The Dissertation Award began in 2016 to acknowledge a dissertation that demonstrates research excellence, transcends narrow disciplinary fields, and has impact on and implications for the field of applied linguistics as a whole. Dissertations completed in the two years prior to this call (2020-present) are eligible for nomination. The 2024 award nomination is closed.
The adjudication involves two steps, as outlined below.
Initial submissions require the following materials:
- A maximum 3,000-word, double-spaced summary of the dissertation. Word count includes relevant tables, figures, and graphs but excludes references, which can be single-spaced. Please include your name and dissertation title at the top of the first page and number your pages. Any additional pages will be disregarded. Please use standard margins and font sizes.
- A copy of your most recent CV
- Department or program contact name, email, and phone number
- A confidential nomination letter from the dissertation supervisor (details follow)
- A confidential letter of support from another faculty member
Nomination and support letters are limited to 1350 words. Nomination letters need to include the following information:
- What contributions does the dissertation make to the field of applied linguistics?
- What have the contributions of the nominee been to the field of applied linguistics to date? Describe their future potential and trajectory as applied linguists.
- Describe the theoretical framing, methodological rigor, and findings of the dissertation and their significance.
- Comment on the innovation and originality of the dissertation.
- Is the dissertation written in a clear and accessible manner for the breadth of audiences within the field of applied linguistics and related fields?
- Describe the nominee’s past accomplishments and contributions to the field of applied linguistics. Please comment on the nominee’s current and (expected) future contributions as well.
Applications are incomplete and ineligible if any of the material listed above is not submitted.
To limit the number of submissions, only one nomination can be submitted per department or program in a single year. Nominations and supporting documents should be submitted using the form below.
Shortlisted nominees will be contacted in early November and will be asked to submit an electronic copy of the complete dissertation for adjudication.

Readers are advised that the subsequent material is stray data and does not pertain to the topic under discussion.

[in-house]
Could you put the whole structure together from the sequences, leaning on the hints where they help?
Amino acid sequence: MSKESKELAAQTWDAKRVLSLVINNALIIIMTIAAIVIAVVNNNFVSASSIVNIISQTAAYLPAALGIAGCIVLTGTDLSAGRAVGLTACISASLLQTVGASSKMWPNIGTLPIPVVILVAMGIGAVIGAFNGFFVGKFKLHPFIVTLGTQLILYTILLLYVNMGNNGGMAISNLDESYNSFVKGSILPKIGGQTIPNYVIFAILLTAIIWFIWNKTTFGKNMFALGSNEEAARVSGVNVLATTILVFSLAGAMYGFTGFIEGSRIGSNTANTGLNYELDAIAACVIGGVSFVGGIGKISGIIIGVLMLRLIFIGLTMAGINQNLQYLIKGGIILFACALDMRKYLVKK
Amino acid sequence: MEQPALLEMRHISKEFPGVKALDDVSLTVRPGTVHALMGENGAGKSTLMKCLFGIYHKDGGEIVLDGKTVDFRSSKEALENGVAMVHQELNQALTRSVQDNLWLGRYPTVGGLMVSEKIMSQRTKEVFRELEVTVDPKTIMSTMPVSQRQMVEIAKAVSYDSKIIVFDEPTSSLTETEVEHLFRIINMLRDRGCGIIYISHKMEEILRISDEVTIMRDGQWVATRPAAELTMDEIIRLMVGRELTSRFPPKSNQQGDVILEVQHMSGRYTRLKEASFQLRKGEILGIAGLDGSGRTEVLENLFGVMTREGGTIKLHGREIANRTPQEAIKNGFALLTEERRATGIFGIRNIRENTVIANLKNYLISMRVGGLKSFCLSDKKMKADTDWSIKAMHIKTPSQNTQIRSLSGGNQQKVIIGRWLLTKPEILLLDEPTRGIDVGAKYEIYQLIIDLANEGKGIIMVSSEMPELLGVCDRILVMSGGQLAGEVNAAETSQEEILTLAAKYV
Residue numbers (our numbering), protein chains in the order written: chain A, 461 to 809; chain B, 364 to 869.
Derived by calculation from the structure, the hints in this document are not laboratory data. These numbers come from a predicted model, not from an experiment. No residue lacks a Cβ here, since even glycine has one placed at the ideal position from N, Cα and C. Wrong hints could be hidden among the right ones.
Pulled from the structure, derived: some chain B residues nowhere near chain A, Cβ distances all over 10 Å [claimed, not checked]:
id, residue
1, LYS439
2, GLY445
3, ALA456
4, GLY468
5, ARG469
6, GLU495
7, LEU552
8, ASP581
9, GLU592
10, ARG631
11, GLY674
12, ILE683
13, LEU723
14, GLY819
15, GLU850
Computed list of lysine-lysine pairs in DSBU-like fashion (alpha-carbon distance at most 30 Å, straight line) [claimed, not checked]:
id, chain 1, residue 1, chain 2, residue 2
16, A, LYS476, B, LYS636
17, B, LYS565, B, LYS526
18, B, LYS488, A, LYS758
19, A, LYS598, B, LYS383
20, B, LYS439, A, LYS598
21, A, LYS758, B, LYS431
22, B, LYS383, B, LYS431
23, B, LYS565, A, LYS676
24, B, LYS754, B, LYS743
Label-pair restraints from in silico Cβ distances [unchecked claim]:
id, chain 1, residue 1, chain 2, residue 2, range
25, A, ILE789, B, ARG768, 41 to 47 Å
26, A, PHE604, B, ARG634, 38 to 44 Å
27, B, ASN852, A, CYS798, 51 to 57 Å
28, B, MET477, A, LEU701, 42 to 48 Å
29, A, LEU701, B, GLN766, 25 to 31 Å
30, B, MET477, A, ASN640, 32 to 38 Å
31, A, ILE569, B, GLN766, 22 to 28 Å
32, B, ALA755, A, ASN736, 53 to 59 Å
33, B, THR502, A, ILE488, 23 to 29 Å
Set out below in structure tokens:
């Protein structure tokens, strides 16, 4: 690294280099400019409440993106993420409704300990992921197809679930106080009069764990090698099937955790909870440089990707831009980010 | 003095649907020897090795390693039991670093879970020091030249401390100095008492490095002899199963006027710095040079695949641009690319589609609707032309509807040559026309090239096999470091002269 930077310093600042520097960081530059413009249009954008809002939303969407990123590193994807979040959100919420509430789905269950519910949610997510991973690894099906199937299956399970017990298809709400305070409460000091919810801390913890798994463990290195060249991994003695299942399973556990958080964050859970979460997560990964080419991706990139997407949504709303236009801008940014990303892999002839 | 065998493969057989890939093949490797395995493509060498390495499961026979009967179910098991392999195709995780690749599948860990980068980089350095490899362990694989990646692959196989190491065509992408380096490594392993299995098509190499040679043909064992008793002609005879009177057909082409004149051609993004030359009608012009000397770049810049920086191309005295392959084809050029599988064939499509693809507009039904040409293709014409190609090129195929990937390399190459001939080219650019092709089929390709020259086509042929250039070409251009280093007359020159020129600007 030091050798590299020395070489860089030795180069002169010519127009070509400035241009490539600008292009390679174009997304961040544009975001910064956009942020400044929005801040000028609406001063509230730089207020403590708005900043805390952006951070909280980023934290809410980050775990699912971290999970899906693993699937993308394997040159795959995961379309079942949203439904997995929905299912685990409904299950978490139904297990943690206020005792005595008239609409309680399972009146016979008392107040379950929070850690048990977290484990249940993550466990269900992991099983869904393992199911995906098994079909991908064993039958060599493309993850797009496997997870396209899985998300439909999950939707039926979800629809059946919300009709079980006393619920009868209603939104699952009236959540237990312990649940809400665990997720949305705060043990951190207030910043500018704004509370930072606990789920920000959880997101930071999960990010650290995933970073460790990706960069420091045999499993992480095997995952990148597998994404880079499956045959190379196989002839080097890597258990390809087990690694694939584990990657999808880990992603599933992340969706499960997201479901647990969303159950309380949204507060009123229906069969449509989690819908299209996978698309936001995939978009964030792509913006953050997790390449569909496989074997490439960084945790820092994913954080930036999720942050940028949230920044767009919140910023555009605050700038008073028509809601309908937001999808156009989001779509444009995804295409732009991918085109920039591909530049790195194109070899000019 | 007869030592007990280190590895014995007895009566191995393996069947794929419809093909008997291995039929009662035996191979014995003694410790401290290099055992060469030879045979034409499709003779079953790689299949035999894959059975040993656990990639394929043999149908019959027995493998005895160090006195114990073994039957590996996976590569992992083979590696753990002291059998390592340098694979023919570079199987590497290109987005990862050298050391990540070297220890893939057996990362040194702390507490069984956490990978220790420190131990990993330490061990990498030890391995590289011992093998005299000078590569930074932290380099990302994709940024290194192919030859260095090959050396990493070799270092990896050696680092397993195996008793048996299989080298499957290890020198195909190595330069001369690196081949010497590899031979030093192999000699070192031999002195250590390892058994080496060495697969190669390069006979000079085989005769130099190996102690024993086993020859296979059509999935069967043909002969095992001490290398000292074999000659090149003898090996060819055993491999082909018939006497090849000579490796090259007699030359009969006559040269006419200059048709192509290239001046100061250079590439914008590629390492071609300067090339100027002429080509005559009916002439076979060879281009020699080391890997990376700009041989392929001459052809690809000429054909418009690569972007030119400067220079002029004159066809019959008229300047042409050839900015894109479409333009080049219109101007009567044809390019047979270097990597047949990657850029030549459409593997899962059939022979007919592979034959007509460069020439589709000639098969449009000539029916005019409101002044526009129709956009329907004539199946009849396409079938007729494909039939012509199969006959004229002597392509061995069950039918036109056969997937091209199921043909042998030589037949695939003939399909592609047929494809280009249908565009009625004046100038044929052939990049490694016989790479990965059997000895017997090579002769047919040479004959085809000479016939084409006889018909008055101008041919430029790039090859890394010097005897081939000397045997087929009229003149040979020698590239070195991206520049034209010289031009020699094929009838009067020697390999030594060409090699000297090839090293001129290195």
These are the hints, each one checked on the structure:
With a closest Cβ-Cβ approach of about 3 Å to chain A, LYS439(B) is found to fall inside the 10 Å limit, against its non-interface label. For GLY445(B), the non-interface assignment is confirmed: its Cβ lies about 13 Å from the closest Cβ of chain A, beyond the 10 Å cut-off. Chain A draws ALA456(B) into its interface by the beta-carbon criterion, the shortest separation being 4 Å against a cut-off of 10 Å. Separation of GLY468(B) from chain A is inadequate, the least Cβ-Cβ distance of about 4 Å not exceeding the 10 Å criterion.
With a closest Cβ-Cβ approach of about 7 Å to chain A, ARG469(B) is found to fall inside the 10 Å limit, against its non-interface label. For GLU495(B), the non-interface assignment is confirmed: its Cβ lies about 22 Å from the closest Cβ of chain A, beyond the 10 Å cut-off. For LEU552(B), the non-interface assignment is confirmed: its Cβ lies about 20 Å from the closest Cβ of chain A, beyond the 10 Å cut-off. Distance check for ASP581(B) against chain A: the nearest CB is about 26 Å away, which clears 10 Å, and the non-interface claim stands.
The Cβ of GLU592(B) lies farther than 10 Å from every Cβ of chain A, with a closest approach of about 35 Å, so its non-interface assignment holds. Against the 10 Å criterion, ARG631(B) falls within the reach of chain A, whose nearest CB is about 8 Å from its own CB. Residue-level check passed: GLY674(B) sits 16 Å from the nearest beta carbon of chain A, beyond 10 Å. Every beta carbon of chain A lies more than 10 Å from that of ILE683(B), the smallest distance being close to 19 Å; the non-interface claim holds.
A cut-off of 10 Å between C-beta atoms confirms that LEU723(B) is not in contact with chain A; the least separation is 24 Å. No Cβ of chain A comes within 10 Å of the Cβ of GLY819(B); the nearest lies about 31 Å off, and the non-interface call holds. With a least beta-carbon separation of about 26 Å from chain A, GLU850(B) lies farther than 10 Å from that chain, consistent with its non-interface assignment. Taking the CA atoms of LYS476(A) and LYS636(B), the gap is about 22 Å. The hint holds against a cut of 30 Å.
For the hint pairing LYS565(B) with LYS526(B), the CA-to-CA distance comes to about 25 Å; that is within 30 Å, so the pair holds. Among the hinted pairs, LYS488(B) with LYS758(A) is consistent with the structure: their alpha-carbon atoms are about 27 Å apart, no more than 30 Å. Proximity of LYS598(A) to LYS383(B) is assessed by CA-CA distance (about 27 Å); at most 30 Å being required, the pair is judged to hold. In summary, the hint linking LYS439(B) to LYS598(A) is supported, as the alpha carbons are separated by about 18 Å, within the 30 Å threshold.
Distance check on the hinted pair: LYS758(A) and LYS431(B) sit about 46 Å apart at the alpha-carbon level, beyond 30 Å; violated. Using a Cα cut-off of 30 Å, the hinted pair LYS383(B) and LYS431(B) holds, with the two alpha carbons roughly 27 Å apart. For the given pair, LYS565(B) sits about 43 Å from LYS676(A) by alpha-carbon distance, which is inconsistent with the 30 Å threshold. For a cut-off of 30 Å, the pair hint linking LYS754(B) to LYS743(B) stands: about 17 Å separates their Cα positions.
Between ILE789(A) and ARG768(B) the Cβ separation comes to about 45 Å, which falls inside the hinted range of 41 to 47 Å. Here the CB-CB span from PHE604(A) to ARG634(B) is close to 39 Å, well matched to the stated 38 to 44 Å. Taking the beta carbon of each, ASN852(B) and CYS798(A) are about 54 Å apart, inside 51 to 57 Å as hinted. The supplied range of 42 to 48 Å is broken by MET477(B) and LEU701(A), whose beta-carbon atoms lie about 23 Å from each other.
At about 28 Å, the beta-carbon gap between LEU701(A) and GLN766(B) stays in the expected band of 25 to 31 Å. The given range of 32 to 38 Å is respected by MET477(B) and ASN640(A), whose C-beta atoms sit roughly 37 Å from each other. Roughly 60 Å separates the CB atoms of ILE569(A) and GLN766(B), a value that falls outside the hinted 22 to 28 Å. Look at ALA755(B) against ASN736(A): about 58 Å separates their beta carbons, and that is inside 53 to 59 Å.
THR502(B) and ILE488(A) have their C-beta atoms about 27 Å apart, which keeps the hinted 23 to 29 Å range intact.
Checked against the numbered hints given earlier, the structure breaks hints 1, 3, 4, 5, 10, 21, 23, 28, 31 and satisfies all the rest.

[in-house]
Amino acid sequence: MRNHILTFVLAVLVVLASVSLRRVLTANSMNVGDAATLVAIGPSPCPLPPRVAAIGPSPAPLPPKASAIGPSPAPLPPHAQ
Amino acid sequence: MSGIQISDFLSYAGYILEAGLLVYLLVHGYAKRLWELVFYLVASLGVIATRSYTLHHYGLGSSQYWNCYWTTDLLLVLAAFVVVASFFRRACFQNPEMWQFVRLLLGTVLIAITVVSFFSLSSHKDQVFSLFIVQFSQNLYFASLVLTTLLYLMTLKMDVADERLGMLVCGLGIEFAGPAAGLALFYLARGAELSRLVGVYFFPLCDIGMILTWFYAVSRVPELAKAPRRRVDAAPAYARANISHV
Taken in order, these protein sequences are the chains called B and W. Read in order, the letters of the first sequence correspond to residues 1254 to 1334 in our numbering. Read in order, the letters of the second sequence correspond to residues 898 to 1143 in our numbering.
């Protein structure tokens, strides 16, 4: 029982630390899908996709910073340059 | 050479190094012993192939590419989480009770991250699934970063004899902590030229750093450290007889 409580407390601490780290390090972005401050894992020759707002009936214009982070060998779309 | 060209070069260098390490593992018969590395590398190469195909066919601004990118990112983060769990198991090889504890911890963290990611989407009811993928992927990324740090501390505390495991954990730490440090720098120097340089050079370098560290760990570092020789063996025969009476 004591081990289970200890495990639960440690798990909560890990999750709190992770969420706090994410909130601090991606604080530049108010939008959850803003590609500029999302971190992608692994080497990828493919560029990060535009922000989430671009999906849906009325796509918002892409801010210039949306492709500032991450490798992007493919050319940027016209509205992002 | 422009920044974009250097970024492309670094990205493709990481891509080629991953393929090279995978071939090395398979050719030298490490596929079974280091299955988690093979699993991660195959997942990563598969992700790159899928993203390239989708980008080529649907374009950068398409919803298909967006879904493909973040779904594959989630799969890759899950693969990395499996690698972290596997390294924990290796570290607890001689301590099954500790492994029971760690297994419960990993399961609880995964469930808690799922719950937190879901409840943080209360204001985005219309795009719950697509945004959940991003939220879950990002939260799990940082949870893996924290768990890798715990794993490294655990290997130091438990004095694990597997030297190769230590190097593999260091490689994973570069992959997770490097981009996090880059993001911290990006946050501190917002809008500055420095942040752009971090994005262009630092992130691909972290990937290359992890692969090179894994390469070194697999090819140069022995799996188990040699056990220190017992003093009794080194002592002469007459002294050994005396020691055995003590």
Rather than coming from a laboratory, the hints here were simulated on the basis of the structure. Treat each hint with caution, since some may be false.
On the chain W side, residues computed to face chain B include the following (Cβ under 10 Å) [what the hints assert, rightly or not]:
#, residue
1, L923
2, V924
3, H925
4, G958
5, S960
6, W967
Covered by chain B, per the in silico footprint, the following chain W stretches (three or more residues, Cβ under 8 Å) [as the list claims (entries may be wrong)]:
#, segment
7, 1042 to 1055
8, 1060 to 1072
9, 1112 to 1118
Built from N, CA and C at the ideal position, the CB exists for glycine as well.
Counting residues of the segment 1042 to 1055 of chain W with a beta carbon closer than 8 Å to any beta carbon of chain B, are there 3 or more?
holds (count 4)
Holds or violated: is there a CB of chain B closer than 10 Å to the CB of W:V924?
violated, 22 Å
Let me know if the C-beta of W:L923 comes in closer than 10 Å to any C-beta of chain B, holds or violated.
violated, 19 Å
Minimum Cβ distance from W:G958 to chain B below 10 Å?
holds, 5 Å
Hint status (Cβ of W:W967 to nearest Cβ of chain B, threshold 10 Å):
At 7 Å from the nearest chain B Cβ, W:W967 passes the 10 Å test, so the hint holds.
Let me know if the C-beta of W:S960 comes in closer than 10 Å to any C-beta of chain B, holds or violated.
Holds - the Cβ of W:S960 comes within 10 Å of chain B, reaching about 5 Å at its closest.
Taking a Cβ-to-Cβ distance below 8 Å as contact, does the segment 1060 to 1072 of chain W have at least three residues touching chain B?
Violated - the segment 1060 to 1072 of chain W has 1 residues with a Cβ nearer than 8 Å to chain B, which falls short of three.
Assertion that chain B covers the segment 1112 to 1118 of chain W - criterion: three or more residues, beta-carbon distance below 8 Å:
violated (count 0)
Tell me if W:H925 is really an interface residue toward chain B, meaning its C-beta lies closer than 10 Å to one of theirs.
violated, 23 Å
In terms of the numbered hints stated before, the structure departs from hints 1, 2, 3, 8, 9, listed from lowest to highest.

|March||Call for nominations announced|
|June 1||Step 1: submissions deadline|
|November 1|| Notification of finalists;
Step 2: submission of finalists’ dissertations
| January 15
|Notification of awardee|
|Annual Conference||The Dissertation Award will be presented|
Note: Nominees for the award must be AAAL members at the time of both nomination and award.
- For questions about the Dissertation Award, email DissertationAward@aaal.org
- To verify membership status, please contact email@example.com
- The confidential nomination letter and letter of support should be submitted by your referees using the form below. Advise them of the June 1st deadline and send them the list of information to be included in their letter (as shown above).
David Wei Dai | Monash University, Australia
Dissertation: "Design and validation of an L2-Chinese interactional competence test"
Zhongfeng Tian | University of Texas at San Antonio
Dissertation: "Translanguaging Design in a Mandarin/English Dual Language Bilingual Education Program: A Researcher-Teacher Collaboration"
Brittany Frieson | Assistant Professor of Literacy and Anti-Racist Education, University of North Texas
Dissertation: “'(Re)mixin’ and flowin’: Examining the Literacy Practices of African American Language Speakers in an Elementary Two-Way Immersion Bilingual Program"
Scott Grapin, University of Miami
Shakina Rajendram, OISE, University of Toronto
Ron Darvin | Assistant Professor, The Chinese University of Hong Kong
Dissertation: "Digital identities, educational inequities: Investigating social class and new literacies of migrant Filipino youth in the knowledge economy"
Senyung Lee, Indiana University
Kathryn Accurso, University of Massachusetts
Emily Suh | Assistant Professor, Texas State University
Dissertation: "Off From Lost": Generation 1 Learners' Transition From Adult ESL to Developmental Education
Bal Krishna Sharma, University of Idaho
Bimali Indrarathne, University of York
Christine Muir | Assistant Professor, University of Nottingham
Dissertation: The dynamics of intense long-term motivation in language learning: Directed motivation currents in theory and practice
Shin, University of Massachusetts
Nicholas Subtirelu, Georgetown University
Shoko Sasayama | Assistant Professor, Globalization Office, Center for International Exchange, University of Tokyo
Dissertation: Validating the assumed relationship between task design, cognitive complexity, and second language task performance.
Dr. Kimberly Buescher, University of Massachusetts – Boston
Dr. Robert Kohls, San Francisco State University
Katherine A. Bernstein | Assistant Professor, Arizona State University
Click here for more information on the 2016 winner.
Ji Min Kahng, Northeastern Illinois University
Sara Kangas, University of Pennsylvania